The ISIS threat against South Africa: preliminary questions, considerations and the potential for a regional responsePosted: 9 September, 2020 Filed under: Marko Svicevic | Tags: 40th ordinary summit, Ansar al-Sunna, Cabo Delgado, Dr Naledi Pandor, Dyck Advisory Group, insurgency, ISIS, military assistance, Mocimboa de Praia, Mozambique, propaganda, Protocol on the SADC Tribunal, South Africa, threat, UN Security Council Committee, Wagner Group 1 Comment
Author: Marko Svicevic
Post-doctoral research fellow, South African Research Chair in International Law (SARCIL), University of Johannesburg
The recent threat issued against South Africa by the ISIS-affiliated insurgency in Mozambique has once again signaled a growing reality facing the country – an ever-increasing terrorist presence in the SADC region. While the insurgency in the Cabo Delgado province has been around for several years, it is the first time that South Africa has been the target of an open threat. Not unexpectedly, a number of questions have arisen. This post serves to highlight some preliminary questions and considerations relating to the insurgency in Mozambique and the potential threat to South Africa. These include among others: links the current insurgency holds with ISIS, the credibility of the threat issued against South Africa, probability and capacity for the insurgency (or ISIS) to follow through with the threat, and the potential for a regional response.
Rising against the silencing of the SADC Tribunal: TanzaniaPosted: 5 June, 2015 Filed under: Gertrude Mafoa Quan | Tags: democracy, dispute settlement, good governance, human rights, human rights violations, inter-State disputes, President Jakaya Kikwet, Protocol on the SADC Tribunal, rule of law, Rulings of the Tribunal, SADC, SADC Treaty, SADC Tribunal, South African community, Tanzania, watchdog Leave a comment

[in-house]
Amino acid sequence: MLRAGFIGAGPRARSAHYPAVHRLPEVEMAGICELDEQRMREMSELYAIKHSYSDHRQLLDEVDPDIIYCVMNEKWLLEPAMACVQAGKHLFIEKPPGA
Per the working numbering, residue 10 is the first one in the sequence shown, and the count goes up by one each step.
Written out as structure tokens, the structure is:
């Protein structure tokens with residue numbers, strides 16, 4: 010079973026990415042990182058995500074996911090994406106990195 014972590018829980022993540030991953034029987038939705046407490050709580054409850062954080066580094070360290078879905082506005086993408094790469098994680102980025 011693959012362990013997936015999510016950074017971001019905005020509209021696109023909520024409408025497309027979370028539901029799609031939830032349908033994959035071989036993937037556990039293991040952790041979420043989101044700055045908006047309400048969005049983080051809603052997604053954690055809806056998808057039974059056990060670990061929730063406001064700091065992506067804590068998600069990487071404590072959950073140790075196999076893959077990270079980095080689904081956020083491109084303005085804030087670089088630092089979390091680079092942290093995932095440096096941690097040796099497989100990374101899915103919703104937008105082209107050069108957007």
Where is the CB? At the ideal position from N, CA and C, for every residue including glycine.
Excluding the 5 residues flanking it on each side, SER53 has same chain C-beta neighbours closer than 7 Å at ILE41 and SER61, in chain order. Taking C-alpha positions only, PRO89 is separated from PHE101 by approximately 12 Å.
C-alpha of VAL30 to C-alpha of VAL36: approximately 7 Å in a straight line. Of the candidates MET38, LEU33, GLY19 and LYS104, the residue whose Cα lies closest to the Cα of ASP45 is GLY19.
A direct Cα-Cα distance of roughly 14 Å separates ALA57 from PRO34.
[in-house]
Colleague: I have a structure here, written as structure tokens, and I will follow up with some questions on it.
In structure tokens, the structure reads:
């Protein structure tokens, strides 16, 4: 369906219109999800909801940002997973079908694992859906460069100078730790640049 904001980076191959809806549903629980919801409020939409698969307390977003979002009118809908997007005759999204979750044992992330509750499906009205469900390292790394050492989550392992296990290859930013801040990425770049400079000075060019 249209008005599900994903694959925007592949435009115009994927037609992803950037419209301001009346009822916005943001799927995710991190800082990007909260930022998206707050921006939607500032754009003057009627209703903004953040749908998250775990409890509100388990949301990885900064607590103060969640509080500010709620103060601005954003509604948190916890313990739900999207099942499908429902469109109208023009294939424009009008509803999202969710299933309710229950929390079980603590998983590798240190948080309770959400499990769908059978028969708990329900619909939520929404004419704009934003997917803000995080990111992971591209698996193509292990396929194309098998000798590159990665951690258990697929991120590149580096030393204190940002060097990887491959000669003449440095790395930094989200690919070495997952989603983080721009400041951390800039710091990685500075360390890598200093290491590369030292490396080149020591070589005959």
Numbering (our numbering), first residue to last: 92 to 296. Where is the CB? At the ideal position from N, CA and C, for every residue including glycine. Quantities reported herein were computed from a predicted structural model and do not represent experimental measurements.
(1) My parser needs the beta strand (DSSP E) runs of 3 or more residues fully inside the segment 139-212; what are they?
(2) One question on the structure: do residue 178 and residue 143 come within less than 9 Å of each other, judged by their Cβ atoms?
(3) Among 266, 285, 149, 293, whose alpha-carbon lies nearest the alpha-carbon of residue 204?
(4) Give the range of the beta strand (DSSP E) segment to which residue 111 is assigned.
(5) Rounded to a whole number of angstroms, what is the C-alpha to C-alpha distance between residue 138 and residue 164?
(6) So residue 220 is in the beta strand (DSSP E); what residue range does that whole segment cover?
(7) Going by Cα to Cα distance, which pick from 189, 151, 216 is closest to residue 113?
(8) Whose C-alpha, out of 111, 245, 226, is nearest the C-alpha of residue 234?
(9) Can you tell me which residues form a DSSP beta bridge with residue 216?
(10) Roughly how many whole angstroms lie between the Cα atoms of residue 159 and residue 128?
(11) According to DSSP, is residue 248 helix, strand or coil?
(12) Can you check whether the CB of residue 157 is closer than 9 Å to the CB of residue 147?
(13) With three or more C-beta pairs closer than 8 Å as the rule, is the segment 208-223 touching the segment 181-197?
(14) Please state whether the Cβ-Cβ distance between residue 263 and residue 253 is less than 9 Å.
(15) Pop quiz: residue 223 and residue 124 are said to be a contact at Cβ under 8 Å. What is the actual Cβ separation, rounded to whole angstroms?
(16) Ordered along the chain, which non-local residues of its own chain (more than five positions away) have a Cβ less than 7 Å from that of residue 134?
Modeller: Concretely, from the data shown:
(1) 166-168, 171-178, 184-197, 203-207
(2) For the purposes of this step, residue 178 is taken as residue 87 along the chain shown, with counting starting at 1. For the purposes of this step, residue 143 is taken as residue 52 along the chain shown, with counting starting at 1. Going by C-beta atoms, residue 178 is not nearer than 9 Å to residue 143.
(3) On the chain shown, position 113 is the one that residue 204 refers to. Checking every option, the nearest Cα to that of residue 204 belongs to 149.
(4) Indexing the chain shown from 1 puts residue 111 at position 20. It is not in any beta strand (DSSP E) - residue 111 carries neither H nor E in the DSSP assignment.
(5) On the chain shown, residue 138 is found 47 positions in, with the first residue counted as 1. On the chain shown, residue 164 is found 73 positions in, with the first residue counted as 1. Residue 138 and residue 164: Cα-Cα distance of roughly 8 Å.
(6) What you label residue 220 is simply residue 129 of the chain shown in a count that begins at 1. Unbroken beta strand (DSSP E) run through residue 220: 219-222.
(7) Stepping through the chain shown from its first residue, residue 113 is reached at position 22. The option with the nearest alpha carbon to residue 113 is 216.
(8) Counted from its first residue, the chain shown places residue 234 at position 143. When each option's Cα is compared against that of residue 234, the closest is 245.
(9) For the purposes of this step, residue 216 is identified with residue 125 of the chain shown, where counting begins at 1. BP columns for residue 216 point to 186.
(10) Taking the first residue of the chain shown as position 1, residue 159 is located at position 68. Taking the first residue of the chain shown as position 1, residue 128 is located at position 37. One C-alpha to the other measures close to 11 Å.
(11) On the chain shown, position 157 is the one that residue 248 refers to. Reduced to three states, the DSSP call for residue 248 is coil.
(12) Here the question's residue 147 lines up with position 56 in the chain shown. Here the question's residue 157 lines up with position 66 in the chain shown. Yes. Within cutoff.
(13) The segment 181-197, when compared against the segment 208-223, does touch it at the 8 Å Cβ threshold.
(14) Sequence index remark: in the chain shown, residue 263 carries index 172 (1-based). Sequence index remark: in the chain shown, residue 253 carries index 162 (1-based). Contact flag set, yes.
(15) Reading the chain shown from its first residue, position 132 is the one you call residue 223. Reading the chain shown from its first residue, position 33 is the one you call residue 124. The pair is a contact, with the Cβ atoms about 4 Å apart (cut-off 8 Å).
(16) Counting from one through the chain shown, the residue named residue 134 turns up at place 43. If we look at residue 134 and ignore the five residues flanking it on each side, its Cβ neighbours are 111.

Author: Gertrude Mafoa Quan
Candidate Attorney; LLM (Multidisciplinary Human Rights) student at the Centre for Human Rights, University of Pretoria
‘We have created a monster that will devour us all’.
These were the words of Tanzanian President Jakaya Kikwete regarding the SADC Tribunal. This is at best an expression that is the epitome of the fear of SADC leaders of an existing and functioning Tribunal.
Like in many other regions, the SADC tribunal served as the mechanism through which the region’s dispute could be settled. One of the goals of the treaty was to establish a tribunal (which it did) and that the “[t]ribunal shall be constituted to ensure the adherence to and the proper interpretation of the provisions of this Treaty and subsidiary instruments and to adjudicate upon such disputes as may be referred to it” ( SADC Treaty, 1992, Article 16.1). Perhaps one of its most striking promises was in Article 4(c) which bluntly states that ‘ SADC and its Member States shall act in accordance with the principles of human rights, democracy, and the rule of law’. The implication is that all member States could indeed be held accountable should any of the said principles in Article 4(c) be violated. According to the Protocol on the SADC Tribunal, subject to the exhaustion of local remedies, all companies and individuals may approach the Tribunal to seek remedy if and when a member State has infringed on their rights (Article 15).